Nazi Salute? Blame the Jewish Student

Jonathan Greenblatt
3 min readFeb 9, 2022

Imagine a classroom full of high school students standing in front of a flag and raising their right hands, in unison, outstretched with palms facing down — the classic Nazi salute. Imagine the teacher is the one who instructed the students to do this. Imagine being a Jewish student in the classroom, who along with others refused to do the salute, and that Jewish student is the only one punished afterwards. Sounds like something out of 1930’s Germany, right?

Wrong. This is what reportedly occurred only days ago at Mountain Brook High School just outside of Birmingham, Alabama. If you are currently scratching your head and wondering, “Mountain Brook schools and antisemitism, why does that sound so familiar?” it might be because they made headlines across the state, and even the country, two years ago when students were caught on video with swastikas drawn on their backs. Or it might be because last fall they made headlines once again after ending training with ADL (the Anti-Defamation League), the preeminent century old organization fighting antisemitism, citing as their excuse “divisive concepts” in the diversity training.

Students giving a Nazi salute at Mountain Brook school. Credit: Facebook screenshot

There are so many aspects of this story that are deeply disturbing, but most disgusting is the apparent reaction from the school — revealing a systemic issue that threatens the local Jewish community and the entire community as well. When a Jewish student in the school reported the incident, he was not met with understanding. The teacher was not disciplined. ADL or any other organization that might be able to help address the issue never received a call. Instead, the student was reportedly told, “If this blows up there will be more disciplinary action, because you are making Mountain Brook look bad.”

Wait, disciplinary action against a Jewish student because he spoke up about an antisemitic incident in a public school system? Yes, you read that correctly. According to the student’s parents, Assistant Principal Jeremy Crigger insisted their son apologize to the teacher, Joe Webb, who apparently is also a coach. Furthermore, the student was forced to move desks — closer to the teacher — and was not allowed to use his phone anymore when other students still could. It is important to note, at this point, that the salute was caught on tape using a smartphone camera by another student and that the Jewish student was reportedly disciplined after refusing to identify who recorded the incident.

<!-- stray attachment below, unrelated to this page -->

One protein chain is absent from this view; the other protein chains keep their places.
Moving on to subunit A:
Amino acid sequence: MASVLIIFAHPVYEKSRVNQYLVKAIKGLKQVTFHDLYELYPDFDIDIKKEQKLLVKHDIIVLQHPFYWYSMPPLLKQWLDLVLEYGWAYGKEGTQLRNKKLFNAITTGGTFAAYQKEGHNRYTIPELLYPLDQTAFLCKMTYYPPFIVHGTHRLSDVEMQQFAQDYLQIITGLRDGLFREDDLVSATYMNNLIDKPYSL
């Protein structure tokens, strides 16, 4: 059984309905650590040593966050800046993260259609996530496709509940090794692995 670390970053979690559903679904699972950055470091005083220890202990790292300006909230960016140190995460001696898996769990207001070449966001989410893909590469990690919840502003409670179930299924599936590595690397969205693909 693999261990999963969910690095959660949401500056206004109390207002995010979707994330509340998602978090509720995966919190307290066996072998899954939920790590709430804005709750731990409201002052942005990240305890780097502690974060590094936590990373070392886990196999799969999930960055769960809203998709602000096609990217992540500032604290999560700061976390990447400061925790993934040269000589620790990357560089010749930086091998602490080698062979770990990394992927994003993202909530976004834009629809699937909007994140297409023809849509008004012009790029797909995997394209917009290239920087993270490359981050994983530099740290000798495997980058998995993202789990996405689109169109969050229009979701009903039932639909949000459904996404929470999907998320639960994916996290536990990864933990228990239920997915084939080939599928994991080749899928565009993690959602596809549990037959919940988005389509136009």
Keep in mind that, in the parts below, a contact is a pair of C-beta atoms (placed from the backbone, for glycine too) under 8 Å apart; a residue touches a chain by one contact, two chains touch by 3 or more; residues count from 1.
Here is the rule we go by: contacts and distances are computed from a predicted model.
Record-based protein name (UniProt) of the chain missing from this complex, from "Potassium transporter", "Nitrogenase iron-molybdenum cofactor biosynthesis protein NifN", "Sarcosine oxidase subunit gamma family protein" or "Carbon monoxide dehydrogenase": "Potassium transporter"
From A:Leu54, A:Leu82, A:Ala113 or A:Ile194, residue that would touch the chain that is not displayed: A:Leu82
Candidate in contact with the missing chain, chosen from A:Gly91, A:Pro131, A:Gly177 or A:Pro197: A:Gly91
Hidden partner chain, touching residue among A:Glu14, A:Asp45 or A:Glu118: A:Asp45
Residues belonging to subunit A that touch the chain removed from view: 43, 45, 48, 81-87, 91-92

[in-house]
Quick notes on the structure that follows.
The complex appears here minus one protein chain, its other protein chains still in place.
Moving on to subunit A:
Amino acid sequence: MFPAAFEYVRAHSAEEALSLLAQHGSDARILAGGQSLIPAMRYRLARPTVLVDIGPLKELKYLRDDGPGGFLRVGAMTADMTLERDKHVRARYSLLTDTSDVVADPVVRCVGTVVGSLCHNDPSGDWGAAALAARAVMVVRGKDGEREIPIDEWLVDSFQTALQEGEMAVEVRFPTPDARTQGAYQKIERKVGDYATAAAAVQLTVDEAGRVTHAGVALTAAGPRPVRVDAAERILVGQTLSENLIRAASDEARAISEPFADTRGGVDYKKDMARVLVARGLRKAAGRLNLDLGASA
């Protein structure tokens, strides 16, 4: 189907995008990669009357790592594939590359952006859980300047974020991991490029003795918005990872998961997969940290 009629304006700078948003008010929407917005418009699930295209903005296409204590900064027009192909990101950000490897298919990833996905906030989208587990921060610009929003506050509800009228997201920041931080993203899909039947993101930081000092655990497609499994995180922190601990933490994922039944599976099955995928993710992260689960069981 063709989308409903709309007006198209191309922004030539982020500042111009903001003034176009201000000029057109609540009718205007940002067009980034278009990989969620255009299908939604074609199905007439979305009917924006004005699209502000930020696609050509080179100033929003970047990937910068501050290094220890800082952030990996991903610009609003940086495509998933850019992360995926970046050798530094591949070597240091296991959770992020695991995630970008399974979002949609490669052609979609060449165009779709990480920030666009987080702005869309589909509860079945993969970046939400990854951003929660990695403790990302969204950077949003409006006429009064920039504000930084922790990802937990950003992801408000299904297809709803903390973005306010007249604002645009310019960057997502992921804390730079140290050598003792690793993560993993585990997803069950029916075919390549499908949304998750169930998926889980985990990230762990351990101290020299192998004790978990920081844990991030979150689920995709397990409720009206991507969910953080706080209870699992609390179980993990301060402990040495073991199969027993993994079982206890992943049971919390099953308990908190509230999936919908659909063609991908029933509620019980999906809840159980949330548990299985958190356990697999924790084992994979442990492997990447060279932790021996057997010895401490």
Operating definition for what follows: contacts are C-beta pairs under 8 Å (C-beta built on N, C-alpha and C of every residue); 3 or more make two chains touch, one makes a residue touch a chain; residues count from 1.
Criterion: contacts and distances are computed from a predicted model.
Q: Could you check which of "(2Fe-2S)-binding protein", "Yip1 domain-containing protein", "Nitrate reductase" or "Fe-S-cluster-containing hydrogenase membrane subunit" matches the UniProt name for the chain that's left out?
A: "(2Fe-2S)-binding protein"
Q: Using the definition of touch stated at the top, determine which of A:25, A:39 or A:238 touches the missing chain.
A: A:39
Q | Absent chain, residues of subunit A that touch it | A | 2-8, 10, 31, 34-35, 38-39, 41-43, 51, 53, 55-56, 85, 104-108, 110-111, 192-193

Rather than recognizing the trauma this poses to the Jewish student, the Birmingham Jewish community, and society writ large, the school went into cleanup mode. It wasn’t the Nazi salute, seems to be the company line, it was the Bellamy salute. Let’s be clear about what the Bellamy salute is — it is a severely outdated flag salute which ceased being used around 1940 because it precisely mimics the Nazi salute up until the end when palms get rotated upward. We no longer teach the Bellamy salute precisely because of the Nazi salute and instead place our hands over our hearts to honor our nation and our Flag. It is a relic of the past and has no place being taught in our school systems.

Rather than doing damage control, what the school should be doing is taking meaningful action. An outside investigation should begin immediately, and appropriate action should be taken to hold anyone responsible accountable. The student should not be disciplined, but instead lauded as a profile in courage. And serious efforts must begin to make amends.

Jonathan A. Greenblatt, CEO and National Director of the Anti-Defamation League, is author of “It Could Happen Here: Why America Is Tipping from Hate to the Unthinkable — And How We Can Stop It.”